The Los Angeles City Council moved forward Wednesday with a plan to end the use of paper and plastic bags at supermarket checkout lines over the course of a year, the Los Angeles Times reports.
The ordinance will force shoppers to bring more environmental bags with them to shop. The council still needs to draft the phase-out of the bags but, once the ordinance is in affect, city officials will provide six months’ warning to stores—including supermarkets and other retailers that sell food—that plastic bags will no longer be permitted, the report says.
The bag ban will effect 7,500 stores in Los Angeles and only ban the bags with handles that shoppers are commonly given at checkout stands—not smaller produce or newspaper bags.
There are more than 30 municipalities in California that have banned plastic shopping bags.
Mark Daniels, VP of sustainability and environmental policy for Hilex Poly, a U.S. manufacturer and recycler of plastic bags, and chair of the American Progressive Bag Alliance, released the following statement:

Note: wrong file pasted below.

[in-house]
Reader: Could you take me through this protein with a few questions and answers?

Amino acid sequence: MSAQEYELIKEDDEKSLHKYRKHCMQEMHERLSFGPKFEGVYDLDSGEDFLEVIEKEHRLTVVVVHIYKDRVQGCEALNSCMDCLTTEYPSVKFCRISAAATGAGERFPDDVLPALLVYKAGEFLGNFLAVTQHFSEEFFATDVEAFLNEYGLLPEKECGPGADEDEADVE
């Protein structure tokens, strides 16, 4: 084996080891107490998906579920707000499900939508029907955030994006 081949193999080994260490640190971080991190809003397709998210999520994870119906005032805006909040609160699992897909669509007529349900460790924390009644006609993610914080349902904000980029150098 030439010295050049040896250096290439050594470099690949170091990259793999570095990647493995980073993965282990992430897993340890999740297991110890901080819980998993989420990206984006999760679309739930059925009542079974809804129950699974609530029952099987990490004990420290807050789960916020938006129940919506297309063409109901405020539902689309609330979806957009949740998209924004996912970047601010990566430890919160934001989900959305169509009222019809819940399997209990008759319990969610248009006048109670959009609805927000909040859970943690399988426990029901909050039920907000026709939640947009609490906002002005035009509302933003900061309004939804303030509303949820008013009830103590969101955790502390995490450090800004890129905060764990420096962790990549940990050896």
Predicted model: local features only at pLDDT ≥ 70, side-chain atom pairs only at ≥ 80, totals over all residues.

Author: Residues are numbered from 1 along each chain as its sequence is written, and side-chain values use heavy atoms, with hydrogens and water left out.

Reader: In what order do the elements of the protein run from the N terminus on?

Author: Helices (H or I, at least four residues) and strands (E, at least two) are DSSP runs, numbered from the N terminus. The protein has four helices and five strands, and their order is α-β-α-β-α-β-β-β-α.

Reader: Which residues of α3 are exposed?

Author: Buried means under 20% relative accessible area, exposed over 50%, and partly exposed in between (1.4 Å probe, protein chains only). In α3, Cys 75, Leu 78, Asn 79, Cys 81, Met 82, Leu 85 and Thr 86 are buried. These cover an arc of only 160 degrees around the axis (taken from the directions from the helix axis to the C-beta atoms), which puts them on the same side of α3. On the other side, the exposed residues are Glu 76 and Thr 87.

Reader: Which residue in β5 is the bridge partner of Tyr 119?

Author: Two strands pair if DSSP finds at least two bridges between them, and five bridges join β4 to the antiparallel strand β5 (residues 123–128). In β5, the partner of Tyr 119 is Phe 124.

“We are not surprised by the result of today’s (April 4) vote by the Energy and Environment Committee to rush toward a plastic and paper bag ban. The proposed policy will have no real impact on litter, instead it will only force residents to purchase less environmentally friendly alternatives like reusable bags, nearly all of which are not recyclable, are less sanitary, are made in China using foreign oil, and often contain heavy metals. Worse, bag bans inflict a regressive tax on the disadvantaged, impose a burden on small businesses, and are a threat to local manufacturing jobs. More than 1,000 workers in the Los Angeles area alone rely on quality jobs in the plastic bag manufacturing industry and urge the city council to consider the impact this legislation will have on them and their families.”
Councilman Paul Koretz said he expected that Crown Poly—a Los Angeles plastic bag manufacturer—would need to eliminate only a small number of positions.
“I’m the last one to allow for layoffs in L.A. city, and I fight them hard,” he told the Los Angeles Times. “But I’ve never stood and said that if a job doesn’t make sense anymore, that we’ve got to keep that job.”